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In basic textbooks, the equation of continuity for non-viscous fluids through a pipe is usually written as

$$ \rho_{2} A_{2} v_{2}=\rho_{1} A_{1} v_{1} \tag{1} $$

with $\rho$ and $v$ being the density and velocity of the fluid and $A$ the cross-section of the tube, all referred to two arbitrary points $1$ and $2$ of the tube.

However, the general form of the continuity equation is given by $$ \frac{\partial \rho}{\partial t}+\nabla \cdot(\rho \mathbf{v})=0 \tag{2} $$

How do we go from the general equation $(2)$ to the simpler form $(1)$? Under what conditions would $(1)$ be valid, other than that the flow is through a pipe?

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If we assume that the density of the fluid in a given point of space is constant (e.g. the flow is steady, density does not change with time) then $\frac{\partial \rho}{\partial t} = 0$. Then we get $$ \nabla \cdot(\rho \mathbf{v})=0 $$ Gauss-Ostrogradsky's theorem says that if you add up all the divergence in a given volume, it gives you the flow through the bound of the volume: $$ \int_V \nabla \cdot(\rho \mathbf{v}) \;\text{d}V = \oint_S \rho \mathbf{v} \cdot \text{d}\mathbf{S} =0 $$ When you have a pipe, the flow through its sides is zero and you can write the following for two cross-sections (if you pick the pipe and the cross-sections as your closed surface): $$ \int_{A_1} \rho \mathbf{v} \cdot \text{d}\mathbf{S} - \int_{A_2} \rho \mathbf{v} \cdot \text{d}\mathbf{S} =0 $$ $$ \int_{A_1} \rho \mathbf{v} \cdot \text{d}\mathbf{S} = \int_{A_2} \rho \mathbf{v} \cdot \text{d}\mathbf{S} $$ If the velocity has always the same direction as the normal to each cross-section, you can write $$ \int_{A_1} \rho v \;\text{d}S = \int_{A_2} \rho v \;\text{d}S $$ If the density and velocity are constant along both cross-sections, you can then write $$ \rho_{2} A_{2} v_{2}=\rho_{1} A_{1} v_{1} $$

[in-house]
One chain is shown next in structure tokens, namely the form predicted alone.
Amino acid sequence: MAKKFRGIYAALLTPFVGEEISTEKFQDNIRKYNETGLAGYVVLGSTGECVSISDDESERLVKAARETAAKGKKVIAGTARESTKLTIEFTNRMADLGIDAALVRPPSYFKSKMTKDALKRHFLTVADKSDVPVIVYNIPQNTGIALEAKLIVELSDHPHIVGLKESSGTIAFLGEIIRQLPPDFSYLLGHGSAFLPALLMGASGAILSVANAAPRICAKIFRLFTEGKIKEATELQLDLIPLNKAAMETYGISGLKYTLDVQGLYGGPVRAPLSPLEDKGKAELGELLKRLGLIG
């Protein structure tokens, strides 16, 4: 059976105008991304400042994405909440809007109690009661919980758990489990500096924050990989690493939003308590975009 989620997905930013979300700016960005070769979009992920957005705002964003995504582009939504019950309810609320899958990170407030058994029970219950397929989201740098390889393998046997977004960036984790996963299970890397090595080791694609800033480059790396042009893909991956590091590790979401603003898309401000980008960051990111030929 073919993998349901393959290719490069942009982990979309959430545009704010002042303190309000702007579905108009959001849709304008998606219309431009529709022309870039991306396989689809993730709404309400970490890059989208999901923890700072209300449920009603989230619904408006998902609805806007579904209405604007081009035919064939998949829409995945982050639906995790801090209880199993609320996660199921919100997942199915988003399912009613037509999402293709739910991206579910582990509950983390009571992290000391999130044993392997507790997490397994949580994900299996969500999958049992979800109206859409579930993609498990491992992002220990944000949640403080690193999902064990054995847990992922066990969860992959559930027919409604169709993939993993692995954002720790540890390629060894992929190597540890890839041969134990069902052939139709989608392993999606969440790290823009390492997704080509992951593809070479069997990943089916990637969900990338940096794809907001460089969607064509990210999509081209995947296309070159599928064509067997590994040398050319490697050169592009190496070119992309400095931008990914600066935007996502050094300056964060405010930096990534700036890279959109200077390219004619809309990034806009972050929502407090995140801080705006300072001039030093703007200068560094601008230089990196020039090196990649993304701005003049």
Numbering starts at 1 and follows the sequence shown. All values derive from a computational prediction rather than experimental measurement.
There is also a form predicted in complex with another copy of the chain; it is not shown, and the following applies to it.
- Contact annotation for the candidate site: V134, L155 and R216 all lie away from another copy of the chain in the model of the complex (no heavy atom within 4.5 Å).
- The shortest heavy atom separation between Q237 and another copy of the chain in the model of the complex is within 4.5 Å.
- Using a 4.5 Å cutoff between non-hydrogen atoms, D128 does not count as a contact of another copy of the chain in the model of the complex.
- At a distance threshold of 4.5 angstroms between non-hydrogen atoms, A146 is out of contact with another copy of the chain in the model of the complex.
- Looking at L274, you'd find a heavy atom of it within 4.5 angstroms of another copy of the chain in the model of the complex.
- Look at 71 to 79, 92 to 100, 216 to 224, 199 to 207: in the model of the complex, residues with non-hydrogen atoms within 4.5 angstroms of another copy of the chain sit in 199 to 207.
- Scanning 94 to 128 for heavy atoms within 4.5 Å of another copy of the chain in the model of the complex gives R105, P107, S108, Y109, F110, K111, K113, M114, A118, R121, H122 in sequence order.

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    $\begingroup$ "flow is stationary" Did you mean 'steady state'? $\endgroup$
    – Gert
    Nov 30, 2021 at 13:20
  • $\begingroup$ @Gert Yes, I didn't know it is different in English terminology. $\endgroup$ Nov 30, 2021 at 13:26
  • $\begingroup$ 'stationary' in Eng. means 'non-moving'... $\endgroup$
    – Gert
    Nov 30, 2021 at 13:28
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It's worth beginning with making sense of the two equations.

(1) says that the flow through cross section $A_1$ is equal to the flow through cross section $A_2$.

(2) makes sense when integrated over a volume. It says that the change of total mass of fluid in a volume must balance with the flow into that volume (i.e. $-\nabla\cdot(\rho\mathbf{v})$ integrated over the surface of that volume).

Both make a lot of sense, I think you'll agree.

So, given this intuition, we can begin to see why the first one makes sense for fluid in a pipe. For a start, fluid can't flow out the sides, so we don't need to consider the divergence of fluid out the sides of the pipe. The surface integral in (2) is just over the two ends, i.e. $A_1$ and $A_2$.

Furthermore, we assume the fluid density is constant with time, so that term disappears.

The final piece we need is that the fluid velocity is assumed to be perpendicular to the cross section. This means the surface integral is just the area multiplied by the flux, i.e. $\rho A v$ at each end.

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